Memorial co-designer Julie Beckman says the design is intended to evoke similar sentiments among other visitors to the new memorial. "This is where those 184 people, this was the last place that they lived. We wanted to make a place for people to come and remember, reflect, and renew."
Adds Kaseman, "You can get up close to it and it's something you can sit on and have a relationship with, that's much different than you can with the building."
The memorial will be open to visitors 24 hours a day, seven days a week.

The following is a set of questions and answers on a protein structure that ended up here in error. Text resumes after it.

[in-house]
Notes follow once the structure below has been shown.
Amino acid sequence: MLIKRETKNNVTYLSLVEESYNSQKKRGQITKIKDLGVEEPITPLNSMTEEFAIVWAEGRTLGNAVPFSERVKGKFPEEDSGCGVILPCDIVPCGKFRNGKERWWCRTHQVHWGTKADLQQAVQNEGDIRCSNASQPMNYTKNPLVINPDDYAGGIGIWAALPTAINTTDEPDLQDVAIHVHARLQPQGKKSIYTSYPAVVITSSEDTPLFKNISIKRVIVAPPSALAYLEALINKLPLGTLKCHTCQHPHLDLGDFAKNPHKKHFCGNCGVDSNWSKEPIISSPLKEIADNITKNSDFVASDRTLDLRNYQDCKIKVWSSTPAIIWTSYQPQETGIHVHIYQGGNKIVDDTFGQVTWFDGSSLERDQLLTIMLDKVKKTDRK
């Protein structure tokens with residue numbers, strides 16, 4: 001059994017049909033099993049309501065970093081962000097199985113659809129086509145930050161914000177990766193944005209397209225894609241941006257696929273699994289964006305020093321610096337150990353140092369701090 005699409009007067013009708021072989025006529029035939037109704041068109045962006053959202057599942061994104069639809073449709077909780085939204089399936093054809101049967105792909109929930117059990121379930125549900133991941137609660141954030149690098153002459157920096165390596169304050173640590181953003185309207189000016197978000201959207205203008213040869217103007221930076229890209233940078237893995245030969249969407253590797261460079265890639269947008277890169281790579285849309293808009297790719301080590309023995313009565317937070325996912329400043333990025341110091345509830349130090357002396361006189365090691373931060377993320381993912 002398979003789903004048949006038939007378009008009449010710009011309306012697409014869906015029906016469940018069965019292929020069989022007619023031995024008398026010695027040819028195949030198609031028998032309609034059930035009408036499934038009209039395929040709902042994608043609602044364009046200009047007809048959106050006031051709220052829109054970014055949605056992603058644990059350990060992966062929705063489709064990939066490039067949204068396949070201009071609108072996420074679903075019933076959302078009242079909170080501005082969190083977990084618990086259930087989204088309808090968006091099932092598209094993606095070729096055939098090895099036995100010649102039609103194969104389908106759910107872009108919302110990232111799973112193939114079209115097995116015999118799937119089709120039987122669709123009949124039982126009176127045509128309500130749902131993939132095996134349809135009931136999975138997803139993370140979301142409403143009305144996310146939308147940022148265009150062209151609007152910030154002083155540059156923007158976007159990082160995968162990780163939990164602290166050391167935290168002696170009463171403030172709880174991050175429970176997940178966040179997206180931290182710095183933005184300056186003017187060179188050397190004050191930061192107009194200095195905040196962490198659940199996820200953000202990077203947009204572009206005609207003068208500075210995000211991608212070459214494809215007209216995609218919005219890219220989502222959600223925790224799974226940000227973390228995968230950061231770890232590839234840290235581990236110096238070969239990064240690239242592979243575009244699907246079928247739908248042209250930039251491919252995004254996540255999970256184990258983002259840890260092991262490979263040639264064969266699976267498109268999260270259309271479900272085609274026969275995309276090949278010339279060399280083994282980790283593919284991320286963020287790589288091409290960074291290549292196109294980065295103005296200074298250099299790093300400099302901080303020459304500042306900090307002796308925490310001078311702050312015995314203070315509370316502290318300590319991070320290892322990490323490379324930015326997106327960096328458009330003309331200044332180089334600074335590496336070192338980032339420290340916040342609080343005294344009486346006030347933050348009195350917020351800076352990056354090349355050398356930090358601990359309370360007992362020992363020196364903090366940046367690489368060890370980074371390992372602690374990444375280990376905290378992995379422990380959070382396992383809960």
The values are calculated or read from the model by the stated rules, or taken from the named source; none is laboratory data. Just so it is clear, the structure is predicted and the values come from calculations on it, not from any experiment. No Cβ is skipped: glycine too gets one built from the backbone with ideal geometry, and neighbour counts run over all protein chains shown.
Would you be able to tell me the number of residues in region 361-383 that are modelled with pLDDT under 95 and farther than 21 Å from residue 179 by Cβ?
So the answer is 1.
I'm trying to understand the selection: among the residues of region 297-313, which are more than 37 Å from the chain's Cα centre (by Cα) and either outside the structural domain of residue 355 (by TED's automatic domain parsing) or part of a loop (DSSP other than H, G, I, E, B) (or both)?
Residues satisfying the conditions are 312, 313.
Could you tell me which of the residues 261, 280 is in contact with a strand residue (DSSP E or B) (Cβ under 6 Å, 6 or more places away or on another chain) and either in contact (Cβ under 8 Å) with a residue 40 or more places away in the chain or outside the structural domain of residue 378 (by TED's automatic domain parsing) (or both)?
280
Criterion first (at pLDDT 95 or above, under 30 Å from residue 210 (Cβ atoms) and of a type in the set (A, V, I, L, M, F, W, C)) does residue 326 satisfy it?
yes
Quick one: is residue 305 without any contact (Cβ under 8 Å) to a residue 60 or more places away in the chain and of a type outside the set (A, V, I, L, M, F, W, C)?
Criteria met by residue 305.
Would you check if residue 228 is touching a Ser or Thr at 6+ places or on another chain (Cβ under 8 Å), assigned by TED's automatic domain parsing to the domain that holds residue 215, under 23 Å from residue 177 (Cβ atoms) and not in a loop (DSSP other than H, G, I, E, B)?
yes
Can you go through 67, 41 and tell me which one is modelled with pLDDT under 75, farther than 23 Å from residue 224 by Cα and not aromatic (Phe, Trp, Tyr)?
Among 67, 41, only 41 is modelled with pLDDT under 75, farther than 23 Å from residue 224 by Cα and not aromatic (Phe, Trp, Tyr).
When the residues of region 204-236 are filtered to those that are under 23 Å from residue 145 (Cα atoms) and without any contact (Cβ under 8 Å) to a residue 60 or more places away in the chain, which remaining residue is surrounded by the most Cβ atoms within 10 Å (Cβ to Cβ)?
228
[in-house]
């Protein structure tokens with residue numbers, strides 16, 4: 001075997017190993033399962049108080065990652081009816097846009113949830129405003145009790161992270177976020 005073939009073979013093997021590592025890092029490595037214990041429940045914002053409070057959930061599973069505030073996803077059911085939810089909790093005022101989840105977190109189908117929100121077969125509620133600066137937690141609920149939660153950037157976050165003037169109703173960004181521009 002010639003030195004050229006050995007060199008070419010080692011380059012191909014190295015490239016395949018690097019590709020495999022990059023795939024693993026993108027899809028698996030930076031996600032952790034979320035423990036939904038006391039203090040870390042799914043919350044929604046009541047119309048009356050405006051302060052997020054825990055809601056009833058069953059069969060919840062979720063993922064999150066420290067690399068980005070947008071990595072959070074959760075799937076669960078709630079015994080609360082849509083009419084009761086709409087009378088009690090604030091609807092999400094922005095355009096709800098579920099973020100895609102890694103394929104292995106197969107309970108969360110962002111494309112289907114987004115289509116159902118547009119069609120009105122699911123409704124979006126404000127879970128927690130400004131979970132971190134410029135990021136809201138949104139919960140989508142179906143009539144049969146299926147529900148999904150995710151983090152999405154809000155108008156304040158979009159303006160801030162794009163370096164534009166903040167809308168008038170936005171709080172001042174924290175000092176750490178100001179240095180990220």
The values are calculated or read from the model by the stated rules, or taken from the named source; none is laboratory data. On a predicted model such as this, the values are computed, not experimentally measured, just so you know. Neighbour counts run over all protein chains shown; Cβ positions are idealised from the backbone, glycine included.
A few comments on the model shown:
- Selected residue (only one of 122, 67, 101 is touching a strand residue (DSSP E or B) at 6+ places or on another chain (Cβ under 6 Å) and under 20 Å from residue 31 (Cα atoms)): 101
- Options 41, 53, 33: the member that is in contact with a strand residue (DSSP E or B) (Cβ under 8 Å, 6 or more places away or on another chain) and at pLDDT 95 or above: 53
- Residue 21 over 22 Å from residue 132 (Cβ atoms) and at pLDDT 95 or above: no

But that accessibility poses a unique challenge to those tasked with protecting a Pentagon building where security measures were significantly increased in the wake of 9/11.
"We want to respect the intent of the memorial to be a solemn area but at the same time keep a high level of security here," says Chris Layman, a spokesman for the Pentagon Force Protection Agency. "That's our challenge."
Among the security compromises, visitors will not be allowed to park at the Pentagon and are encouraged to use the Washington subway system.
Though now open to the public, the fundraising effort to pay off the memorial will continue. So far, $19 million of the memorial's $22 million construction costs have been donated and an additional $10 million is needed to fund an endowment to maintain the memorial.